Origin of vampire
Related Words for vampiresbeast, villain, monster, vampire, phantom, devil, demon, soul, shadow, specter, vision, parasite, sponge, freeloader, tick, leech, extortioner, visitor, haunt, bogeyman
Examples from the Web for vampires
Contemporary Examples of vampires
This Tuesday, a bunch of vampires and would-be superheroes will knock on our doors and ask us to reward them.Election Day Is Scarier Than Halloween
P. J. O’Rourke
November 1, 2014
Bill, of course, is in the latter stages of Hep V—an AIDS-like virus that preys on vampires.'True Blood' Ends With a Whimper: The Sexy HBO Vampire Series Is (Finally) Over
August 25, 2014
I already have to share too much with all the vampires of the world.Chloe Sevigny on ‘The Cosmopolitans,’ New York’s Frat Boy Takeover, and ‘Asshole’ Michael Alig
August 24, 2014
I wanted to find a vessel to carry all of these ideas I have about vampires.
In contrast, The Strain was returning to the roots of vampires as scary parasitic creatures—and I liked that.
Historical Examples of vampires
My first and principal object was to discourse of the vampires of Hungary.
Thence the wakefulness, dreams, and pretended apparitions of vampires.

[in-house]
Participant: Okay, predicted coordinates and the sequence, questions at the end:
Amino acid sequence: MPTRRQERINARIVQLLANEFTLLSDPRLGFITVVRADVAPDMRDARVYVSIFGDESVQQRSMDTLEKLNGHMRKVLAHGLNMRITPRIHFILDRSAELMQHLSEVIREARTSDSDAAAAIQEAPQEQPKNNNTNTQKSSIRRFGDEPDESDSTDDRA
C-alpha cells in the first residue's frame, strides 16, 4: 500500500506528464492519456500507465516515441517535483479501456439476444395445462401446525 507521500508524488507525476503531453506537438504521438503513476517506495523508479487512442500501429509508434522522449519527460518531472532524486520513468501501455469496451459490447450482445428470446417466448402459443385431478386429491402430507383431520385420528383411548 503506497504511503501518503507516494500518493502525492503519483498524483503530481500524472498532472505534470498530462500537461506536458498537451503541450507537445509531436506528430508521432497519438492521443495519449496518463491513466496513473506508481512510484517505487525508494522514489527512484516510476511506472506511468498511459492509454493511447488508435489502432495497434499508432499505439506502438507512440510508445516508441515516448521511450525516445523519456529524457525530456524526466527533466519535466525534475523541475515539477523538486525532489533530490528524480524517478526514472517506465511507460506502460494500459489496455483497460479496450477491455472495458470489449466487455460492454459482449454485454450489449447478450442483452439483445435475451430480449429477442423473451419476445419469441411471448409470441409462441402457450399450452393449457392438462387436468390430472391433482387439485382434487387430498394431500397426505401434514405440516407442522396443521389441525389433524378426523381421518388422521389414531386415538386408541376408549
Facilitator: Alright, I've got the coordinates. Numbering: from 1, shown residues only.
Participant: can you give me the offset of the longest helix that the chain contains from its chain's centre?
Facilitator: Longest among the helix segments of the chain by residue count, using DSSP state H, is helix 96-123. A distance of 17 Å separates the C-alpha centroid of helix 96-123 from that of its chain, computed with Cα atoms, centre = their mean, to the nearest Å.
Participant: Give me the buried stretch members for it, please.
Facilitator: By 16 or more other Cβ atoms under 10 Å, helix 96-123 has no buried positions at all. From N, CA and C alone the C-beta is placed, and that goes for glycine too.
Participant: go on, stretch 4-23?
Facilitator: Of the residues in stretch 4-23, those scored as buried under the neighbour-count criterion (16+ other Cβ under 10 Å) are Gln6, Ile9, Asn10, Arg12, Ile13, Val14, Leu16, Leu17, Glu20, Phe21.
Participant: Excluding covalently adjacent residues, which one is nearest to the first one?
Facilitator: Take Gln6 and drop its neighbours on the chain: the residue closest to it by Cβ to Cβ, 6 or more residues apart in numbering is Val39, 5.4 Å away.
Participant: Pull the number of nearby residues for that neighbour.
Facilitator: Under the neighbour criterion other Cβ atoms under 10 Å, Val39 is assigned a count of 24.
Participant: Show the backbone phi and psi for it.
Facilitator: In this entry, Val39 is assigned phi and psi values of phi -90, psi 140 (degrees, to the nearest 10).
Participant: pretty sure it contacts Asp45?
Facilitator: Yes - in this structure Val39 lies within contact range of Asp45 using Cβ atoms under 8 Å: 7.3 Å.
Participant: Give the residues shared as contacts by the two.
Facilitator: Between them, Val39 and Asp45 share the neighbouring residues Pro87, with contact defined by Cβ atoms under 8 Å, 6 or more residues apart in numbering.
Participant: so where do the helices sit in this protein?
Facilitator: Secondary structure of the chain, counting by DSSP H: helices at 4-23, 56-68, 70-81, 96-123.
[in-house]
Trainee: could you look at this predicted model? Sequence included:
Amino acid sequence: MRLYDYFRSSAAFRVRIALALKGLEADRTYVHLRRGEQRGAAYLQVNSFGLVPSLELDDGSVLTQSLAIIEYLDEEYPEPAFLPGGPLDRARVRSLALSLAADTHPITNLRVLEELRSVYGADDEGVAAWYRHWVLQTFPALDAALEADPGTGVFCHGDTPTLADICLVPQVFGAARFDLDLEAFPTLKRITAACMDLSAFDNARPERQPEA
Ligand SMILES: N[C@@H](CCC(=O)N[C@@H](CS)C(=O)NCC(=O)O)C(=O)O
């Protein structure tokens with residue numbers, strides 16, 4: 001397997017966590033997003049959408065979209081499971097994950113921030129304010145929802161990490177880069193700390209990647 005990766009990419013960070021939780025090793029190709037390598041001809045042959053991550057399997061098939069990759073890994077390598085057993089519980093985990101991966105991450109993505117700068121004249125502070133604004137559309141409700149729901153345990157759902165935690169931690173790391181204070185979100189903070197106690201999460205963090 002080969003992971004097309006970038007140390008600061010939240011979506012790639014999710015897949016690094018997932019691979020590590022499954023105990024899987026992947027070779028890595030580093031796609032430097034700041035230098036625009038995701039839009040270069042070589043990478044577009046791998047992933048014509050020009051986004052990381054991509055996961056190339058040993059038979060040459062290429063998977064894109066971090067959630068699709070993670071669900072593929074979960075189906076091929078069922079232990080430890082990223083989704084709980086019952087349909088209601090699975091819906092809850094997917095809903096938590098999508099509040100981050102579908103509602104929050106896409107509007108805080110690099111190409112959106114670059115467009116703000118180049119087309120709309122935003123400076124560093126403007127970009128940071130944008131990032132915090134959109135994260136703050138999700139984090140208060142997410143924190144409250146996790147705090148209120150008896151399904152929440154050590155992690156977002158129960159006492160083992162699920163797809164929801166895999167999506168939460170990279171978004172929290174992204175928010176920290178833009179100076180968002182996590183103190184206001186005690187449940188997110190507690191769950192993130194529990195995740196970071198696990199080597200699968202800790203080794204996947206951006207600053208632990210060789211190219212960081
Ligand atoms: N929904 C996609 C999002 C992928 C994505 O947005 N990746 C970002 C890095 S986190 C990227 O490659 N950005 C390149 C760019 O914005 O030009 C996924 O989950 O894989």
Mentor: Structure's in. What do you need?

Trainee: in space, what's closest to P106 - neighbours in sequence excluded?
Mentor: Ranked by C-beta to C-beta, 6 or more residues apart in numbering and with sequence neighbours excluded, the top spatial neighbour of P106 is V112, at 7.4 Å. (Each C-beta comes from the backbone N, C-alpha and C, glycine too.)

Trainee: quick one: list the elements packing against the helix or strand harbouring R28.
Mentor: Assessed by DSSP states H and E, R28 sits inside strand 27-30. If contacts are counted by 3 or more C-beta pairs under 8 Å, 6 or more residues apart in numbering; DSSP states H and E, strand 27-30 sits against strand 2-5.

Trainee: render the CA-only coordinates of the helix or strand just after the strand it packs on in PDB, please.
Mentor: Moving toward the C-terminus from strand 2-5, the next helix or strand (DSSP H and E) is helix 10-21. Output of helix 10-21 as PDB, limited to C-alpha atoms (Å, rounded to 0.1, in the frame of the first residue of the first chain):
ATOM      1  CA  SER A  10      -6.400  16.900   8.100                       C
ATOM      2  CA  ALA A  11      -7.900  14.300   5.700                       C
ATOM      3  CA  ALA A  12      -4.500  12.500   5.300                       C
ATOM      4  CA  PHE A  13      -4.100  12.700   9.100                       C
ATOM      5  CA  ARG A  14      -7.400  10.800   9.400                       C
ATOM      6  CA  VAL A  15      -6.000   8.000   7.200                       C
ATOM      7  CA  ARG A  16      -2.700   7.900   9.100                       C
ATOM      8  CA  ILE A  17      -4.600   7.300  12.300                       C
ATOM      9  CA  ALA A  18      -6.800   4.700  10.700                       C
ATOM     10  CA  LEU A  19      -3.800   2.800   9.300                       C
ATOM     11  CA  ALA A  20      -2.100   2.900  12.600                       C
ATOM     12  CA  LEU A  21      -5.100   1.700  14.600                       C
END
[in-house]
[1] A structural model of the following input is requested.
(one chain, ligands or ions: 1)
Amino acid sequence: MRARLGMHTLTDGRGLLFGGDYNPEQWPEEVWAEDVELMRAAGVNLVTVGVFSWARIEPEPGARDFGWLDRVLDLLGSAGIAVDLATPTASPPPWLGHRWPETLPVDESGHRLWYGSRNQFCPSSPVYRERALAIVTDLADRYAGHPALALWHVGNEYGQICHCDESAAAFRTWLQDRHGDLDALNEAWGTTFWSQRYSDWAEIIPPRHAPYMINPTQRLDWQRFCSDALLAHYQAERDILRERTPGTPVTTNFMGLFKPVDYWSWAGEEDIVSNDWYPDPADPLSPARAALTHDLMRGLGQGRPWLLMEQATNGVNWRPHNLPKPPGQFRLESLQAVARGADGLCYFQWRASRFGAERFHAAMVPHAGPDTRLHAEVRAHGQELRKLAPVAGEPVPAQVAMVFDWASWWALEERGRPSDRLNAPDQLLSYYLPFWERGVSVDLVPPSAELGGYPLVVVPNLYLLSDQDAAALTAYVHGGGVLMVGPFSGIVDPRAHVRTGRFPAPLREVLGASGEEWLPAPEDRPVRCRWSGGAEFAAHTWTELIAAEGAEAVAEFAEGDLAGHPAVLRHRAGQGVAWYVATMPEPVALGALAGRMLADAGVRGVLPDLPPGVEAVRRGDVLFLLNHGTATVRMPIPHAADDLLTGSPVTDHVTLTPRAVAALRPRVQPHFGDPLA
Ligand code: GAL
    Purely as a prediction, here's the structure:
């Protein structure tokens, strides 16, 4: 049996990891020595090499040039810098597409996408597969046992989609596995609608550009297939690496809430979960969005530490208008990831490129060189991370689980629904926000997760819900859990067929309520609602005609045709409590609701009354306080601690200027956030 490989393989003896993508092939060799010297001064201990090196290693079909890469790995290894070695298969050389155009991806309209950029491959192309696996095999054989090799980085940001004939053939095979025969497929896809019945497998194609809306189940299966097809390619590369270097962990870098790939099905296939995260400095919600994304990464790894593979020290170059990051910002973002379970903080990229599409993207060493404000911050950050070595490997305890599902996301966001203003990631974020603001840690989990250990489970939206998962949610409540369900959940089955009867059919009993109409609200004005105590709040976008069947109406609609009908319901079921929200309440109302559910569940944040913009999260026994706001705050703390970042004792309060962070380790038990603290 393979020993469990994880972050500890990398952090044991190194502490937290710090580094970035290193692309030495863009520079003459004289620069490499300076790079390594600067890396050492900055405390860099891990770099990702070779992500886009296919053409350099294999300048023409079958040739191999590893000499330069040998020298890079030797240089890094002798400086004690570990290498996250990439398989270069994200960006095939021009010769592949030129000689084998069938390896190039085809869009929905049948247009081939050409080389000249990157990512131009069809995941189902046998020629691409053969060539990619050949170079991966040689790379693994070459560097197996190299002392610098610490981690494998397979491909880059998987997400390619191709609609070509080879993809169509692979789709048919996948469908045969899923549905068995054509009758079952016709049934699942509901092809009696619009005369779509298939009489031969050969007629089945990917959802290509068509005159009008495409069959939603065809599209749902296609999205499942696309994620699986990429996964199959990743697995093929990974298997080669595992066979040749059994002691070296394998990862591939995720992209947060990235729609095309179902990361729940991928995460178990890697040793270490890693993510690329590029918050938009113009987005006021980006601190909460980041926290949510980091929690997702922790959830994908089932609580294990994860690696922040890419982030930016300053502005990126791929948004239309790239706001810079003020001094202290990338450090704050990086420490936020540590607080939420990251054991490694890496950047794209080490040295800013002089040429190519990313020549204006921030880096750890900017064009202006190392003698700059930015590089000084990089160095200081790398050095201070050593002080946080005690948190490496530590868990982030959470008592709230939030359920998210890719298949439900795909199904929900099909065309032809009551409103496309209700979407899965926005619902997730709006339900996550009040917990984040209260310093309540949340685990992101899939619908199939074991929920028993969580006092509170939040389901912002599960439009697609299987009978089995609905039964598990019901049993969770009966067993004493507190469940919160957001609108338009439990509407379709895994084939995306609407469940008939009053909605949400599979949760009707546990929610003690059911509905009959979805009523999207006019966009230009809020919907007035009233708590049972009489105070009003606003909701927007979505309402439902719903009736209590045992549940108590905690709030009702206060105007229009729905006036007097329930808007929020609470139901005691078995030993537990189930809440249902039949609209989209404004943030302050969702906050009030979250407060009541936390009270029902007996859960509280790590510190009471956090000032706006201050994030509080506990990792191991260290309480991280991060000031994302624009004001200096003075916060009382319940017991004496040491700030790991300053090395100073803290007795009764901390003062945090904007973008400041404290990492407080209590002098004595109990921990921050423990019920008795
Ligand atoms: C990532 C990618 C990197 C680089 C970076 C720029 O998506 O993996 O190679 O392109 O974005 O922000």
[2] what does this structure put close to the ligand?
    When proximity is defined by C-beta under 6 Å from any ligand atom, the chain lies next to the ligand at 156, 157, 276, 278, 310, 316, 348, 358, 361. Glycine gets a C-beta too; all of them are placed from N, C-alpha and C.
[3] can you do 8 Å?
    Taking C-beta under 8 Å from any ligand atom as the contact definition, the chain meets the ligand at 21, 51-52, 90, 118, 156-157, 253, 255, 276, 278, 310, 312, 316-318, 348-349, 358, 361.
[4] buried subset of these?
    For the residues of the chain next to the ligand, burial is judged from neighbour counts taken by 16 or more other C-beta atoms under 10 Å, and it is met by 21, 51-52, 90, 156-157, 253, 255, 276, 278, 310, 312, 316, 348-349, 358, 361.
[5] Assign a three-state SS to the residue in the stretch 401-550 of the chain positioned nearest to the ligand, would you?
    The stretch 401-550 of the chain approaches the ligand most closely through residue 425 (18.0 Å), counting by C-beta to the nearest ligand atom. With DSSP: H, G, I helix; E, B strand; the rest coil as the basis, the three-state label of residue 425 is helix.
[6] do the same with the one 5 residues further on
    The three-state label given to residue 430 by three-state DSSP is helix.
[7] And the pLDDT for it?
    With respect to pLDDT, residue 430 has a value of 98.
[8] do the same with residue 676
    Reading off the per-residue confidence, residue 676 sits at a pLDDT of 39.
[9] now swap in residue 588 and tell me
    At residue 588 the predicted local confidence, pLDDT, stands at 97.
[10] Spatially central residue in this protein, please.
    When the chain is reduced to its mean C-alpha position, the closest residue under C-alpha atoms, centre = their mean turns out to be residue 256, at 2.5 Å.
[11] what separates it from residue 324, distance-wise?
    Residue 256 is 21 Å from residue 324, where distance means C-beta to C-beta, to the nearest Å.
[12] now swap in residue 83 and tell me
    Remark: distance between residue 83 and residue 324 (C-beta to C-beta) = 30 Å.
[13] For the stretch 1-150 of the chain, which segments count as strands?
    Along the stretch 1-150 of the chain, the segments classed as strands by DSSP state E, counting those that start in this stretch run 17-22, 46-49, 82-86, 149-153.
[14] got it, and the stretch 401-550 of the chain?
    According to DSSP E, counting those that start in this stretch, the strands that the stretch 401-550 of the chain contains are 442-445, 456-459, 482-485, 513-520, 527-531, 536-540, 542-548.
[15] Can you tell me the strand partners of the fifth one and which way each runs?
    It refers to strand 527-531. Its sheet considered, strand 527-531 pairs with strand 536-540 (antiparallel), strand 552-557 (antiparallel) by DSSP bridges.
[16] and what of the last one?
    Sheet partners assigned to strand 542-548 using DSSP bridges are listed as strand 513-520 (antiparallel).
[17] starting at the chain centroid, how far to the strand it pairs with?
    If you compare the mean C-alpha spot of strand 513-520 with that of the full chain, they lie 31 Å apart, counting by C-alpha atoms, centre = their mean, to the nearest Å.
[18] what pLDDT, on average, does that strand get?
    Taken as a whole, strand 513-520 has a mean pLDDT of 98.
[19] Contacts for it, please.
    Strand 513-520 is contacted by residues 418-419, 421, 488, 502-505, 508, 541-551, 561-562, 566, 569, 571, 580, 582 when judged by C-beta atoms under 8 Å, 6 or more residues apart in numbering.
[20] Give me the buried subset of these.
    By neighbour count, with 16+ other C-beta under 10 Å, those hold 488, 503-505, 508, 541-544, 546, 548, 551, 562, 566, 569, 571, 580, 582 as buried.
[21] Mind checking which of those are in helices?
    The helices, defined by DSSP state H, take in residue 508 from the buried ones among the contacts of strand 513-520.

Such are nearly the contents of the work of M. Herenberg on vampires.
The vampires of which we are discoursing are very different from all those just mentioned.
The footnotes relating to vampires (pp. 323-4) reference modern Greek.Russian Fairy Tales
W. R. S. Ralston
Word Origin for vampire
1734, from French vampire or German Vampir (1732, in an account of Hungarian vampires), from Hungarian vampir, from Old Church Slavonic opiri (cf. Serbian vampir, Bulgarian vapir, Ukrainian uper), said by Slavic linguist Franc Miklošič to be ultimtely from Kazan Tatar ubyr "witch," but Max Vasmer, an expert in this linguistic area, finds that phonetically doubtful. An Eastern European creature popularized in English by late 19c. gothic novels, however there are scattered English accounts of night-walking, blood-gorged, plague-spreading undead corpses from as far back as 1196. Applied 1774 by French biologist Buffon to a species of South American blood-sucking bat.
Originally part of central European folklore, they now appear in horror stories as living corpses who need to feed on human blood. A vampire will leave his coffin at night, disguised as a great bat, to seek his innocent victims, bite their necks with his long, sharp teeth, and suck their blood.